*40,000 Wisconsin citizens signed a petition supporting the Moratorium; *99 counties, cities, villages, and towns have passed resolutions and/or legislation or have gone on record in opposition to the Crandon Mine, its proposed waste pipeline to the Wisconsin River, or sulfide mining in general; *At least 76 Wisconsin municipalities and organizations back the Moratorium; *A poll conducted in October 1997 by Chamberlain Research Consultants for Wisconsin Wildlife Federation showed that 52.5% oppose the proposed mine. *Local town boards that have backed mining have been ousted by voters.
People are not fooled by glitzy propaganda and junk science. With the recent Moratorium passage, and escalating opposition to the proposed Crandon mine, it should be obvious that the days of Rio Algom, Ltd. in Wisconsin are numbered. The longer Rio Algom stays in Wisconsin, the more the concept of a mining moratorium will spread to other states and provinces, and the larger the spotlight will be shown on Rio Algom mining practices throughout the Western Hemisphere.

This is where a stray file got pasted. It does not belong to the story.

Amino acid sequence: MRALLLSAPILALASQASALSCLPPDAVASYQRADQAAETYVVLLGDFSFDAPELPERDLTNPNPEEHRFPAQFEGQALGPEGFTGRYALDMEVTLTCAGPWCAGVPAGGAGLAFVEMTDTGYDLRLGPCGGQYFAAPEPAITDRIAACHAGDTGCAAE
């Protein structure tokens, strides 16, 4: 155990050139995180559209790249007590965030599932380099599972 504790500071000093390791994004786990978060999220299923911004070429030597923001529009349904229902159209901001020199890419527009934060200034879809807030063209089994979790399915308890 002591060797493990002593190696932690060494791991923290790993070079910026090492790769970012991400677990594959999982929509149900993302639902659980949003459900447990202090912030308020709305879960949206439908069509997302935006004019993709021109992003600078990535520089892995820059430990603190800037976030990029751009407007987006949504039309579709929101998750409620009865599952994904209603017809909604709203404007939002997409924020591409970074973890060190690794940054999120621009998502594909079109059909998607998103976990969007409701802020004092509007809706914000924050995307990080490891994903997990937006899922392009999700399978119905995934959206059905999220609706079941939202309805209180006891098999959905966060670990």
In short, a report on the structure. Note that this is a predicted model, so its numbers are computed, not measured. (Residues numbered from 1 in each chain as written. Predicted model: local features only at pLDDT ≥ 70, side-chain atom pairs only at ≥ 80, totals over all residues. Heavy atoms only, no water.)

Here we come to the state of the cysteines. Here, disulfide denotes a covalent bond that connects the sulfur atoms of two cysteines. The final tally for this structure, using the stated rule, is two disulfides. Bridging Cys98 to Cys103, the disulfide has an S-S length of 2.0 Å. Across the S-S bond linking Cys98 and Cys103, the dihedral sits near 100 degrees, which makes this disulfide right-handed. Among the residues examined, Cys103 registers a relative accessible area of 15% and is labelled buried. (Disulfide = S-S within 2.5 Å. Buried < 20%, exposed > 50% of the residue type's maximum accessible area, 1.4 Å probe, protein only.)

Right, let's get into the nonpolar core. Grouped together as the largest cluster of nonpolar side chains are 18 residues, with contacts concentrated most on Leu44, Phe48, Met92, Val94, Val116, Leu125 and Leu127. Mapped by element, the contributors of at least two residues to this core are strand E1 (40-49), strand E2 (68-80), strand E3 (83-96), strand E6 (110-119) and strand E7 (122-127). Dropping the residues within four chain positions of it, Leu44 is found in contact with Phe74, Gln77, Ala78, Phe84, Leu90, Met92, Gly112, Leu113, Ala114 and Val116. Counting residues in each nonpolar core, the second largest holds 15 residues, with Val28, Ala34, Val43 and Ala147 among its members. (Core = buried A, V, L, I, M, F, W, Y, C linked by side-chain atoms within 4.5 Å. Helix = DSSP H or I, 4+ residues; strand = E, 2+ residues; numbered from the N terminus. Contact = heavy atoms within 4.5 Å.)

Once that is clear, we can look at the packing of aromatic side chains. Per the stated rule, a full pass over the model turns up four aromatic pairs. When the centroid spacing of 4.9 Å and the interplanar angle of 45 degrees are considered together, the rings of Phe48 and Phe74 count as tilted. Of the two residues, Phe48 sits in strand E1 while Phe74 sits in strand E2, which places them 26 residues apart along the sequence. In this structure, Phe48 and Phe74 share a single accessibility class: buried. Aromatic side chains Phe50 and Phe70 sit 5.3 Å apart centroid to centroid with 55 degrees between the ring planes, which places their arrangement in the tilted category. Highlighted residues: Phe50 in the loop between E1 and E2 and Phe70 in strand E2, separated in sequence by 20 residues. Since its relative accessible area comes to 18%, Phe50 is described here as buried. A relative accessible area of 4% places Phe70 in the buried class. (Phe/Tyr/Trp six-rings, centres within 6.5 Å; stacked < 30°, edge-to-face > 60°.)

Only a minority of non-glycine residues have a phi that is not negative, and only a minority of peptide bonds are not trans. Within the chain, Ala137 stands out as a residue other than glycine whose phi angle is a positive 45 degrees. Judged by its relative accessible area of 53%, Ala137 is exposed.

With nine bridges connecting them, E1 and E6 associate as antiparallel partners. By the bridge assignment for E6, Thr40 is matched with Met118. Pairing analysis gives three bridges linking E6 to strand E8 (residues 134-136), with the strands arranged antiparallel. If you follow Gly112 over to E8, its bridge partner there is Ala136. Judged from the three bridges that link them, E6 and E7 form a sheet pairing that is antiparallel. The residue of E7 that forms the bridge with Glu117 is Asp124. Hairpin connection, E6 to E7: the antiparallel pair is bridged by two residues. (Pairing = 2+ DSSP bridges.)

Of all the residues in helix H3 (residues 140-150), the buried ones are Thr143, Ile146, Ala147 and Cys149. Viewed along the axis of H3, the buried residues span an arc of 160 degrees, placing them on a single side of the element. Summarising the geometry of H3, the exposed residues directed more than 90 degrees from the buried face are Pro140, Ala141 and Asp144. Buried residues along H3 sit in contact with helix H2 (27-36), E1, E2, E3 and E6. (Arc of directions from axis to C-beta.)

Rio Algom should gracefully exit this doomed project now, in the interest of its shareholders.
Please do not send any message that you would not want printed in a newspaper. In particular, remember that Canadian mining companies are no better or worse than U.S. mining companies, and that many Ontario uranium miners and Native peoples have been victims and opponents of Rio Algom. Our argument is with any multinational corporation that tramples on democracy in any country, by bringing in a mine against the will of the local people. We want Rio Algom to be "Rio Allgone".
For information on the track record of Rio Algom, see http://treaty.indigneousnative.org/track-1.html For information on the proposed Crandon mine, see http://treaty.indigneousnative.org/exxon10p.html
Please circulate this message to any friends in Wisconsin, the U.S., Canada, or elsewhere in the world. To fight a multinational corporation, we need a multinational movement. Thank you!
Wolf Watershed Educational Project
c/o Midwest Treaty Network,
P.O. Box 14382, Madison WI 53714-4382 USA
Toll-free Hotline: (800) 445-8615
Tel./Fax: (608) 246-2256
Web page: http://treaty.indigneousnative.org/wwep.html
Web links: http://www.earthwins.com
The Midwest Treaty Network (MTN) is an alliance of Native and non-Native groups founded in 1989 to support indigenous sovereignty and treaty rights in the western Great Lakes region, particularly around spearfishing, mining, sacred sites, and cultural respect. For more information on regional Native/environmental issues, see the web site at http://treaty.indigneousnative.org. Tax-deductible contributions can be made to "MTN/PC Foundation".